Summer time on the University of Illinois campus is always lacking in excitement from a sporting perspective, with the absence of the athletic teams on the field. Summer camps and recreation leagues fill the void for sports. However, that doesn't mean that the Illini aren't in the news. Former Illini basketball standout Deron Williams, now with the Utah Jazz, was named to the U. S. Olympic Team in basketball. Williams, who finished his third season in the NBA, is one of the premier players in the league, and should serve the Americans well in August in Beijing. Also being named to the Olympic squad is former Illini gymnast Justin Spring. Spring, who is currently an assistant coach with the Illini gymnastics squad, qualified this past weekend for China, and should be an asset to the squad. More Illini athletes making news include baseball and football star Kyle Hudson, who was drafted by the Baltimore Orioles in the amateur draft. Hudson, who has not made an official decision on whether or not he will pursue the professional contract, or return for his senior year, was named to the All-American squad as a third team selection. If Hudson decides not to return to the Illini, a void will be created on both the football and baseball teams.
If you have driven by the football stadium on campus lately, you may have noticed some progress on the new pressbox. The outside of the structure is beginning to take shape, and driving east on Kirby Avenue towards the stadium will present a view that is both new and refreshing. According to project coordinator Warren Hood, the new pressbox should be completed by the Illini's opening game on September 6th against Eastern Illinois. That game will be the dedication of the renovation, and also the celebration of 10 former greats of Memorial Stadium, that include Jeff George, Dick Butkus, and current Pittsburgh Steelers running back and 2007 graduate Rashard Mendenhall. The Illini will open the season on August 30 in St. Louis against the Missouri Tigers.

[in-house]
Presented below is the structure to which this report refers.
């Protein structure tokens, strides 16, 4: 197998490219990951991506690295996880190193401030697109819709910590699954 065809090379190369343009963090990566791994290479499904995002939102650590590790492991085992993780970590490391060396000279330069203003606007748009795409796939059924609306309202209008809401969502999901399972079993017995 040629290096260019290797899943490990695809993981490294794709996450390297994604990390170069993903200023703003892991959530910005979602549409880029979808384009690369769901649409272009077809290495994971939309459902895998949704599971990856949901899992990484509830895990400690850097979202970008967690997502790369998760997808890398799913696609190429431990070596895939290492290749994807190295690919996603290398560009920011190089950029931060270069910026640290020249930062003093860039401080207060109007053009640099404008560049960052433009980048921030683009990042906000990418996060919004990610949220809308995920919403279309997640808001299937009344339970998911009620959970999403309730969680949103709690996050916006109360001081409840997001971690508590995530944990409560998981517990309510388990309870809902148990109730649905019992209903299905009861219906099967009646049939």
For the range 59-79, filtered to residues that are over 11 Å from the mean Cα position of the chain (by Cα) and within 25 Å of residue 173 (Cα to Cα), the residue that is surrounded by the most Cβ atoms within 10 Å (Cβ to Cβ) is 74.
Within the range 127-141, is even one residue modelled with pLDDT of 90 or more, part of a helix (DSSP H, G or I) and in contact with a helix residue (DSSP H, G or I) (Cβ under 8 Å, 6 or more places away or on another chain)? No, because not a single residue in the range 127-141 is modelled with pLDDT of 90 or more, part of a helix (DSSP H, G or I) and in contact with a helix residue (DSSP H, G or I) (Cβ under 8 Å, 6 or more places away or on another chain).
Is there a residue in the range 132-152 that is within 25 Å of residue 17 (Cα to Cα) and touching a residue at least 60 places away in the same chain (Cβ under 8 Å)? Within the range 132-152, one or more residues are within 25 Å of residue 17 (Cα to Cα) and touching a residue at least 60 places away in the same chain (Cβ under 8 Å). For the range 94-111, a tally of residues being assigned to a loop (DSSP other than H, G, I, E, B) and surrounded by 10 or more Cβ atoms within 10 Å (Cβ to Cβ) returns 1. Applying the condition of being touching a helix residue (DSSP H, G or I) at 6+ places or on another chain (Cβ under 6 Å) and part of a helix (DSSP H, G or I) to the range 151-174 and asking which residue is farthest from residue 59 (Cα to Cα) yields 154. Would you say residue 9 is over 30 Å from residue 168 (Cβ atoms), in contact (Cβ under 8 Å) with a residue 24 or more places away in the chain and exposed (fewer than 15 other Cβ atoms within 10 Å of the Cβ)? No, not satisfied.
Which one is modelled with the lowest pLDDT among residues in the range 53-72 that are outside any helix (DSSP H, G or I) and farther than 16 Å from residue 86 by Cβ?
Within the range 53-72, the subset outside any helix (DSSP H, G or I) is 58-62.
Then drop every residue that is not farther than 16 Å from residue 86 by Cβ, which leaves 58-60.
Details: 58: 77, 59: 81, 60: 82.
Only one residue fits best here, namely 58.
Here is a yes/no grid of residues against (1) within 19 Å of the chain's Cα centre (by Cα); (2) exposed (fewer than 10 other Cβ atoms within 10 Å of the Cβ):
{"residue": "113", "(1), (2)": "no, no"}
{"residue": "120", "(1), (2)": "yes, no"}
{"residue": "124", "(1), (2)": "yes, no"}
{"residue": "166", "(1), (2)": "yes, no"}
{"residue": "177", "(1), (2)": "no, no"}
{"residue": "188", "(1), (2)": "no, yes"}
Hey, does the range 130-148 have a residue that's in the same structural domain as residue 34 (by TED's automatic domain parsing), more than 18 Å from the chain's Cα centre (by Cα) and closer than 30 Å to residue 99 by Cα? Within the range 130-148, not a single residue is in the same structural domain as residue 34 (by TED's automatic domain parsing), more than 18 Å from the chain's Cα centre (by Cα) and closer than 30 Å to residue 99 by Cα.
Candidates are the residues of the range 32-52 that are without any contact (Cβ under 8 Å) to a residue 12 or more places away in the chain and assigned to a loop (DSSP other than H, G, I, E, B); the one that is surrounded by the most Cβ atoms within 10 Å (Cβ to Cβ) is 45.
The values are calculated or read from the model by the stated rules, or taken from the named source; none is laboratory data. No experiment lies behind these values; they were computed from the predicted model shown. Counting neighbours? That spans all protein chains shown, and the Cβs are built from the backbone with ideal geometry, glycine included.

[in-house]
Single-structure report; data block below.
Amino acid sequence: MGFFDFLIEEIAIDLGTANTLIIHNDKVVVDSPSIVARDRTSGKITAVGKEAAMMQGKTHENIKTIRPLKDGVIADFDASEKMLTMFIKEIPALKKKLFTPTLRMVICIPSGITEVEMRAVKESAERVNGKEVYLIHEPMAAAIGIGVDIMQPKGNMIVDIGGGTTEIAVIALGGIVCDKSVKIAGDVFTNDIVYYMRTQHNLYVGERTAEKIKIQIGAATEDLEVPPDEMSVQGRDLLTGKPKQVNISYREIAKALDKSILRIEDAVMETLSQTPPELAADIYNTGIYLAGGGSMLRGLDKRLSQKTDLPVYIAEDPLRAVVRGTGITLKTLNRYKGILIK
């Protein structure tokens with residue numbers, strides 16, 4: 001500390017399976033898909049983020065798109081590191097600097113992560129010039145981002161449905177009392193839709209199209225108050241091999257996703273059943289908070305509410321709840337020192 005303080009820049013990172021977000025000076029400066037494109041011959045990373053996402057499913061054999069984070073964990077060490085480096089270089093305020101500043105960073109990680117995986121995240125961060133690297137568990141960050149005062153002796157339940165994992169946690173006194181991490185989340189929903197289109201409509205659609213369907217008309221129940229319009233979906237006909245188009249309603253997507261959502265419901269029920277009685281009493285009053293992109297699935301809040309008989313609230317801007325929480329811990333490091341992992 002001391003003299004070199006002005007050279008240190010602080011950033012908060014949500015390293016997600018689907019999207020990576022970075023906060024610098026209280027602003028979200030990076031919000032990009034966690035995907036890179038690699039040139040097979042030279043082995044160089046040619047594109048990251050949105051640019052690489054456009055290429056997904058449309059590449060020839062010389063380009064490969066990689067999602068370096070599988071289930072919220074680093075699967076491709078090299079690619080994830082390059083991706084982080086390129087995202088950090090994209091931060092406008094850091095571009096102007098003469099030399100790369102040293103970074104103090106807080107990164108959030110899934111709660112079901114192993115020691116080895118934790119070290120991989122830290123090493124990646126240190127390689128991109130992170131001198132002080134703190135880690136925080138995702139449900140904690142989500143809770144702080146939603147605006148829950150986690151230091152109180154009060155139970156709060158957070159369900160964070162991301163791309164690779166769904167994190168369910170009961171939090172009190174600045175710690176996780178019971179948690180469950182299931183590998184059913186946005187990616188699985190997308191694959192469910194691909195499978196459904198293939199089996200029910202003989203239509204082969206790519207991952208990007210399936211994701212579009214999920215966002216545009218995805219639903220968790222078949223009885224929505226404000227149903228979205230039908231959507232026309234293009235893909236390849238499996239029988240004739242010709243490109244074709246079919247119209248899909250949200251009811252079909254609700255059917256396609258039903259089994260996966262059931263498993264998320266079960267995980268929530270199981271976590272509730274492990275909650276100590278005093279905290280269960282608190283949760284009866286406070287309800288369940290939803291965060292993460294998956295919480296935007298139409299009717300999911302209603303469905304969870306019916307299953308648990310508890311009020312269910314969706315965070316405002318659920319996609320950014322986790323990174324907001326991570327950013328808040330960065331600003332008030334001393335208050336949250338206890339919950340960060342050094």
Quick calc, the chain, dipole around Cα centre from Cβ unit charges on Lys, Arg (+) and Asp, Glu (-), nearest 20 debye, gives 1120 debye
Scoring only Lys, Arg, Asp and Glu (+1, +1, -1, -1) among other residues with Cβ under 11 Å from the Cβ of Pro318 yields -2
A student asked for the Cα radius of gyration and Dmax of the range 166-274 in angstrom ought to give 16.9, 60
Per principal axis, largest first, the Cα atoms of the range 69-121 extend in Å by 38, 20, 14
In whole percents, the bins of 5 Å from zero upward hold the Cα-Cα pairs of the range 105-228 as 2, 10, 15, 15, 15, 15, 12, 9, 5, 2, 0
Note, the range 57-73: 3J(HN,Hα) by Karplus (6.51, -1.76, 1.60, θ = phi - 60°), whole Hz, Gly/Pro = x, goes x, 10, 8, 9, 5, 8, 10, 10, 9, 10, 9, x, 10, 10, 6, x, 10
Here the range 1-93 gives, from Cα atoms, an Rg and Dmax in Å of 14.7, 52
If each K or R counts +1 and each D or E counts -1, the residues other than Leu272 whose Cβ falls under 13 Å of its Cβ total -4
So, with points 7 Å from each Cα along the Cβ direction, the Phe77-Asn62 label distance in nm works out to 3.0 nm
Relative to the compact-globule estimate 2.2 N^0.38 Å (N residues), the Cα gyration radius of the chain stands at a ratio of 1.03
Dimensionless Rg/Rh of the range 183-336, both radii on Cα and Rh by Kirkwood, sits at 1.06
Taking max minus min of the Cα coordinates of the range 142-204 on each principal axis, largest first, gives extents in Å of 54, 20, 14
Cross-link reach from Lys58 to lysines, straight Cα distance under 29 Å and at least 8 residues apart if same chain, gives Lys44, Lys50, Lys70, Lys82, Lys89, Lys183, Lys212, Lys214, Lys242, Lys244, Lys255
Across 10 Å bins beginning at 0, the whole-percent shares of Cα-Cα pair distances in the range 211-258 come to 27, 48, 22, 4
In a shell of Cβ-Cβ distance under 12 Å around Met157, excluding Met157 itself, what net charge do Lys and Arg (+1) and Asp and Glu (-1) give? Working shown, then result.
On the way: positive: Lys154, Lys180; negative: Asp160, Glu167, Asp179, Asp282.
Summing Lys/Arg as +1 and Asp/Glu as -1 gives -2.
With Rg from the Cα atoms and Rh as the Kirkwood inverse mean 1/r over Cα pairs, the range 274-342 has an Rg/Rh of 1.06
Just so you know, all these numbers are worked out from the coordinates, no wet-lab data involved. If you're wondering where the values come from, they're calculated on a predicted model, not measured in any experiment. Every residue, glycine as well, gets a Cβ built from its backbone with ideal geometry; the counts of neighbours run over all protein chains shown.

It may have been a year too late for most people in this area, but Comcast and the Big Ten Network finally have struck a deal in time for the 2008 football season. Comcast, who took over Insight Communications in 2007, was in stalled negotiations with the network, causing the majority of viewers in the Champaign-Urbana area without a satellite system to be shut out of programming. What this means is that starting with the fall sports season, most everyone in central Illinois will be able to see their Illini, not to mention other Big Ten teams when they are telecast by the Big Ten Network. Too little, too late? Maybe, but still, something that in my opinion should never have taken this long to settle.